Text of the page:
There are enough clues in the book to sustain this perspective.  Characters are slippery.  Some critics have argued Charles Kinbote is the alter-ego of the insane Professor V. Botkin, a delusional yet compelling faculty member at Wordsmith College (Wordsmith!).  Nabokov encouraged this view in an interview in 1962 (the year Pale Fire was published), suggesting Pale Fire “is full of plums that I keep hoping somebody will find. For instance, the nasty commentator is not an ex-King of Zembla nor is he professor Kinbote. He is professor Botkin, or Botkine, a Russian and a madman” (quoted by Maurice Dolbier, New York Herald Tribune, June 17, 1962, on Books and Authors: Nabokov’s Plums).  He implied the novel’s complicated cross-references can lead the acrostic-minded reader to discover this ‘plum’.  If you want a further clue, the Index to Pale Fire includes an entry for a ‘Botkin, V.’, describing this Botkin as an “American scholar of Russian descent”, which then takes us to line 894 of the poem where a character suggests Kinbote is “a kind of anagram of Botkin or Botkine”.

Did I mention this is sometimes described as meta-fiction.  It is more than that, it is a rich, complex, multi-layered collection, with stories, commentaries and allusions all thrown together, creating a world of possibilities for the reader.  Yes, you can read it straight through.  If you do that, you emerge at the other end somewhat baffled, but with enough sense of the underlying story of Charles, King of Zembla, and his pursuer Gradus, even though it all ends in confusion towards the end of the book when Gradus kills the wrong person (or did he?).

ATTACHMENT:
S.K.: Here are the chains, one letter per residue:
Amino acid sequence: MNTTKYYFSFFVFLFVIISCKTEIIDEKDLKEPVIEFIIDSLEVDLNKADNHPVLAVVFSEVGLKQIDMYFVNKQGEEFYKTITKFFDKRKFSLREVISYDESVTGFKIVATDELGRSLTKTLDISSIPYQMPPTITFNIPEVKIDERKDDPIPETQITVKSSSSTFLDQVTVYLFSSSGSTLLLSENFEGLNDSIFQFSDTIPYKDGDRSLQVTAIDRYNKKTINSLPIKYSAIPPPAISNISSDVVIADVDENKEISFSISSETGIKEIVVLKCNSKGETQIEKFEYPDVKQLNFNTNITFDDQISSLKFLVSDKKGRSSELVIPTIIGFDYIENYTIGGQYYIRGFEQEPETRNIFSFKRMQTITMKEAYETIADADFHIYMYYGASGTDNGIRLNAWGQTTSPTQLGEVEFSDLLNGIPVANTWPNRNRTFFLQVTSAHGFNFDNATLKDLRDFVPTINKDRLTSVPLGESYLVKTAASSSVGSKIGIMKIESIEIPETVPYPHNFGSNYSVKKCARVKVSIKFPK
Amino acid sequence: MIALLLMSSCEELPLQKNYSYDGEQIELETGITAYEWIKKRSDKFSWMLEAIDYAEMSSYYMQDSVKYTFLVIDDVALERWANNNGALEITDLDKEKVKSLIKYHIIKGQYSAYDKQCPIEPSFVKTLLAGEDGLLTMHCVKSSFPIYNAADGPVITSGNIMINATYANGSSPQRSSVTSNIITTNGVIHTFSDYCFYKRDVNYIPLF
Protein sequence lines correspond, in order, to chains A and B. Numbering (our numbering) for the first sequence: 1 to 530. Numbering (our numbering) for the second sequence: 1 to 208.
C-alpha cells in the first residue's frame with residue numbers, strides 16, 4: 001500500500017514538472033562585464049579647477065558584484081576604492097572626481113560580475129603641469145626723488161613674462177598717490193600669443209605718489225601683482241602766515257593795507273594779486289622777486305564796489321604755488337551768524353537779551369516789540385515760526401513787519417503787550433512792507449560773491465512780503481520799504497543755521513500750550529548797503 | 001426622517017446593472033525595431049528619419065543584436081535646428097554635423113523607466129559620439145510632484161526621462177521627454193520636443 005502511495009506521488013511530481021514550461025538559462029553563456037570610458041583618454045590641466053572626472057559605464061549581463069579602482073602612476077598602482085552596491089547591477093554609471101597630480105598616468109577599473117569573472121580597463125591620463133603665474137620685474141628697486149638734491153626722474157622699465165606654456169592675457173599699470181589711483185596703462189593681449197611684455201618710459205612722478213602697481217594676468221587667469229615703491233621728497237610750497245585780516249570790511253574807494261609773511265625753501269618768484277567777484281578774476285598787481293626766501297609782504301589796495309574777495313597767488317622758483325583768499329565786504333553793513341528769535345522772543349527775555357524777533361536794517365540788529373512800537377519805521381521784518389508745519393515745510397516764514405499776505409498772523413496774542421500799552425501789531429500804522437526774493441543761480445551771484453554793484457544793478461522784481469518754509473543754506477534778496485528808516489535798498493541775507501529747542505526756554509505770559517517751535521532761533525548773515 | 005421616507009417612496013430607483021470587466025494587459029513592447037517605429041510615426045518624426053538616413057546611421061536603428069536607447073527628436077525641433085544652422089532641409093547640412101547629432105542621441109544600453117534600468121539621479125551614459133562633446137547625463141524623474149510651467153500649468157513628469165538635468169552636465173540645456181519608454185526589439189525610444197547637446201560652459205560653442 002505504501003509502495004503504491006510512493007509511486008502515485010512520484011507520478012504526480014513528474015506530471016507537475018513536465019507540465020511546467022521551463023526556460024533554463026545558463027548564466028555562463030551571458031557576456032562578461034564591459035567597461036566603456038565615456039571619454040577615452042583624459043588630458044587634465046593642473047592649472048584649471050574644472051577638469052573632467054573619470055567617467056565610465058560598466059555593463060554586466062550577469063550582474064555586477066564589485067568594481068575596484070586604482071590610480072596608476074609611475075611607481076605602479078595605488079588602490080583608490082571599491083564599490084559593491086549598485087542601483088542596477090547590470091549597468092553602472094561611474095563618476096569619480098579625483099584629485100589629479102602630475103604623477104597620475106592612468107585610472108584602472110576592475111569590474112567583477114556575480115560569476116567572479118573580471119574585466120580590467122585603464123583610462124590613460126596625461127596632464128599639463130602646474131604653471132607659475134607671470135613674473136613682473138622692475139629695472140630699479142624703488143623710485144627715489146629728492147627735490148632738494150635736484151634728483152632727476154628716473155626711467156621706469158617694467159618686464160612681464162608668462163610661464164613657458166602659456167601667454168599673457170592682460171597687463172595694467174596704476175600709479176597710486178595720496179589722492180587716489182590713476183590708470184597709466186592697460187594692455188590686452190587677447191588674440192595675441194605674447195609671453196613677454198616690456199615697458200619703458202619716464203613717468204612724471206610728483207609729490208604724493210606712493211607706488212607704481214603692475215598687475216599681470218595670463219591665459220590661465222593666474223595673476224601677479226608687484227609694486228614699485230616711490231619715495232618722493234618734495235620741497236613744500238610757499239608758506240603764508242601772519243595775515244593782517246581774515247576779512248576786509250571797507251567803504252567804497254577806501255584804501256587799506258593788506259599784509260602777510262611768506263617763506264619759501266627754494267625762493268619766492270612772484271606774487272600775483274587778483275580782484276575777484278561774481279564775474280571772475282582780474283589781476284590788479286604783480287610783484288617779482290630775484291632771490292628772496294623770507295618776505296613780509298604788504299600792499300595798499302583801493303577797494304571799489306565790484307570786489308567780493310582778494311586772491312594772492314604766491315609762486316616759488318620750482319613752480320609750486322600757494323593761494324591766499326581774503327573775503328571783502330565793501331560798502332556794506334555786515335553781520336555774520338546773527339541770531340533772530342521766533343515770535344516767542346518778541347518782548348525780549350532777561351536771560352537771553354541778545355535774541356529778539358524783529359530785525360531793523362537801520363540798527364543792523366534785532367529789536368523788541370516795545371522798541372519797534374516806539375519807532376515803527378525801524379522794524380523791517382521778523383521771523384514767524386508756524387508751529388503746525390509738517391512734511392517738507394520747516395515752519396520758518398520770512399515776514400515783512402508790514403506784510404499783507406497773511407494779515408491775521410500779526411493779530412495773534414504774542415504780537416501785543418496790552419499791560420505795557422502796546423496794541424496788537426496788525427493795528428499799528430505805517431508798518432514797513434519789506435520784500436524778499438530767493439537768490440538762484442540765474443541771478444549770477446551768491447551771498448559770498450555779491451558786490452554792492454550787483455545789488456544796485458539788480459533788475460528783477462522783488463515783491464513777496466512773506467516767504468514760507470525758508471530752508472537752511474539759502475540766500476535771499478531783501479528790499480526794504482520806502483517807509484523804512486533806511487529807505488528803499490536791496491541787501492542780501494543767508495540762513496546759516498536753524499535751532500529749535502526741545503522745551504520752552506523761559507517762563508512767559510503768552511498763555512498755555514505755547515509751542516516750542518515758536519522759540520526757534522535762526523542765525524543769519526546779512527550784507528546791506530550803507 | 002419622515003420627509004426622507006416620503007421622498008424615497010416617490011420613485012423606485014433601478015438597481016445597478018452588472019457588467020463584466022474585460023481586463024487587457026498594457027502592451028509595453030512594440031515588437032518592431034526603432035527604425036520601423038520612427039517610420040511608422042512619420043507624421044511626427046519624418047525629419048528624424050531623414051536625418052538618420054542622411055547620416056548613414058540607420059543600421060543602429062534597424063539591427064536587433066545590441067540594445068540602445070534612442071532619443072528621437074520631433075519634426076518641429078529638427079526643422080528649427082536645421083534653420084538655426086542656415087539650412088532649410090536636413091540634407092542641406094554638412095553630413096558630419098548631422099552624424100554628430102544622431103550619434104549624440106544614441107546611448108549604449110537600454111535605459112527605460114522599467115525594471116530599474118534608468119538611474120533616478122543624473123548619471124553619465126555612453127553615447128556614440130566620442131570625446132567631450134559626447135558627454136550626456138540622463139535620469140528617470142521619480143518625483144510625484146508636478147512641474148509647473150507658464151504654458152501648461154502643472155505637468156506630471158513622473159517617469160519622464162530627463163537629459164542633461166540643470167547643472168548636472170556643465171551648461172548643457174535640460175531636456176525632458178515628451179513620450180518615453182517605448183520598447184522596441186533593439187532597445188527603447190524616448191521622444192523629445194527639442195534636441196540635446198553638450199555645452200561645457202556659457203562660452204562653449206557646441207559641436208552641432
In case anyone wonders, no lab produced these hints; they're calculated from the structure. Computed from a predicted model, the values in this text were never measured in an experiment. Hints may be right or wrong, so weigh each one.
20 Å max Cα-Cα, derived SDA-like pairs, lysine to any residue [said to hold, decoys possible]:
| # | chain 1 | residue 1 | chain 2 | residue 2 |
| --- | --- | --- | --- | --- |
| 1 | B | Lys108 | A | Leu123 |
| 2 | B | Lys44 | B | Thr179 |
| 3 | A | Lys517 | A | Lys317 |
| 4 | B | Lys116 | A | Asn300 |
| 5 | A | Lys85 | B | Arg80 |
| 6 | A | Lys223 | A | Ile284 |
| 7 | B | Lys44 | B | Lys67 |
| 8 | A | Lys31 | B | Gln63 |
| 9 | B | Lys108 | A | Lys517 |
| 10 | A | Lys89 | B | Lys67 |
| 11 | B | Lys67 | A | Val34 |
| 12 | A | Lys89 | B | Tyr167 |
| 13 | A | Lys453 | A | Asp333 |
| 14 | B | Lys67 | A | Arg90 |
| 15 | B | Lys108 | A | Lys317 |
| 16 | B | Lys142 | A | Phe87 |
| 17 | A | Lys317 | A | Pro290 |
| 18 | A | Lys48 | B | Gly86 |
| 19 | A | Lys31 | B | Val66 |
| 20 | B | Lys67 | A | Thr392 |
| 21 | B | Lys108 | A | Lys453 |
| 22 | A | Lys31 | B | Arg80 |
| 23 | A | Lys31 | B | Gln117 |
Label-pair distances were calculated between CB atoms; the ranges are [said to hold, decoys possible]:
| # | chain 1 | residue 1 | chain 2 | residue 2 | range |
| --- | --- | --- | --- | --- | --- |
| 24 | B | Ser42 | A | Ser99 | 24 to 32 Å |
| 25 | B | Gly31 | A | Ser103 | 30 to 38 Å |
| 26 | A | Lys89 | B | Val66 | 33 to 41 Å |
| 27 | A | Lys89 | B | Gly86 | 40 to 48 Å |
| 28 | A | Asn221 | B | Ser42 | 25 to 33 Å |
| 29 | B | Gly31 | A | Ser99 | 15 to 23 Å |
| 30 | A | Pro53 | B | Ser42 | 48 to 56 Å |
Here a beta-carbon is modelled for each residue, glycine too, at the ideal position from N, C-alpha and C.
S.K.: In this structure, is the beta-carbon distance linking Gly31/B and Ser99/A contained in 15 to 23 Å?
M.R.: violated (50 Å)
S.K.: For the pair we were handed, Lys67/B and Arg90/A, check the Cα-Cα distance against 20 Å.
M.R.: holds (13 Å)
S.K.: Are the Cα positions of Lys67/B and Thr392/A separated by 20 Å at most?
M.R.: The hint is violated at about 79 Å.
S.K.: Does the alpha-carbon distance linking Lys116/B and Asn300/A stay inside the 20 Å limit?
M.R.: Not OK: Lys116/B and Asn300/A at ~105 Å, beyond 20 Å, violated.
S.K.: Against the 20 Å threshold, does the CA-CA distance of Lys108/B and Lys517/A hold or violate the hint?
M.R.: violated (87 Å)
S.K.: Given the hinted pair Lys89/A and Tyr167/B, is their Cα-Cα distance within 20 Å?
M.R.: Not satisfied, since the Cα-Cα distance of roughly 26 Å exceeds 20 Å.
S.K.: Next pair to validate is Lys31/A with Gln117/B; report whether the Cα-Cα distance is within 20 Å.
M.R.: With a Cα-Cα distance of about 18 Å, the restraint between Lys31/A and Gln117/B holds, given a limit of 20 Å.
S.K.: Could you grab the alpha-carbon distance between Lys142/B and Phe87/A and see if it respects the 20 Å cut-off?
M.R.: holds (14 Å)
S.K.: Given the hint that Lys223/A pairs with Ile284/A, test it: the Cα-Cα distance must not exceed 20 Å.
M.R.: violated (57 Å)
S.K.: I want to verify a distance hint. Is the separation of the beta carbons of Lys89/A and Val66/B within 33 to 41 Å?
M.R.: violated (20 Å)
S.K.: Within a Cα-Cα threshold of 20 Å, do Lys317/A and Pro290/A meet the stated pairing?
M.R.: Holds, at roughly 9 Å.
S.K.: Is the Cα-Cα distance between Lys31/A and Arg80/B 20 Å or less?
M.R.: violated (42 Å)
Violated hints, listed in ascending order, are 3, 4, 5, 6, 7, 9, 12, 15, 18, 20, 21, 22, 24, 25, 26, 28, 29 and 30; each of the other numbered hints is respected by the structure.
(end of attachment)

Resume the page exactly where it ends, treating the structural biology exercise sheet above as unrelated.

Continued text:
You might agree with some commentators who try to tie the story back to various real events and places.  It has been claimed that Zembla is a deliberate corruption of Nova Zembla, a western simplification of the Russian island Novaya Zemlya.  As in his other books, the story includes exaggerated or comically distorted versions of Nabokov’s life, who was the son of a privileged White Russian before the Russian Revolution and his subsequently exile.  A key murder in the novel might reflect the murder of Nabokov’s father, assassinated by mistake!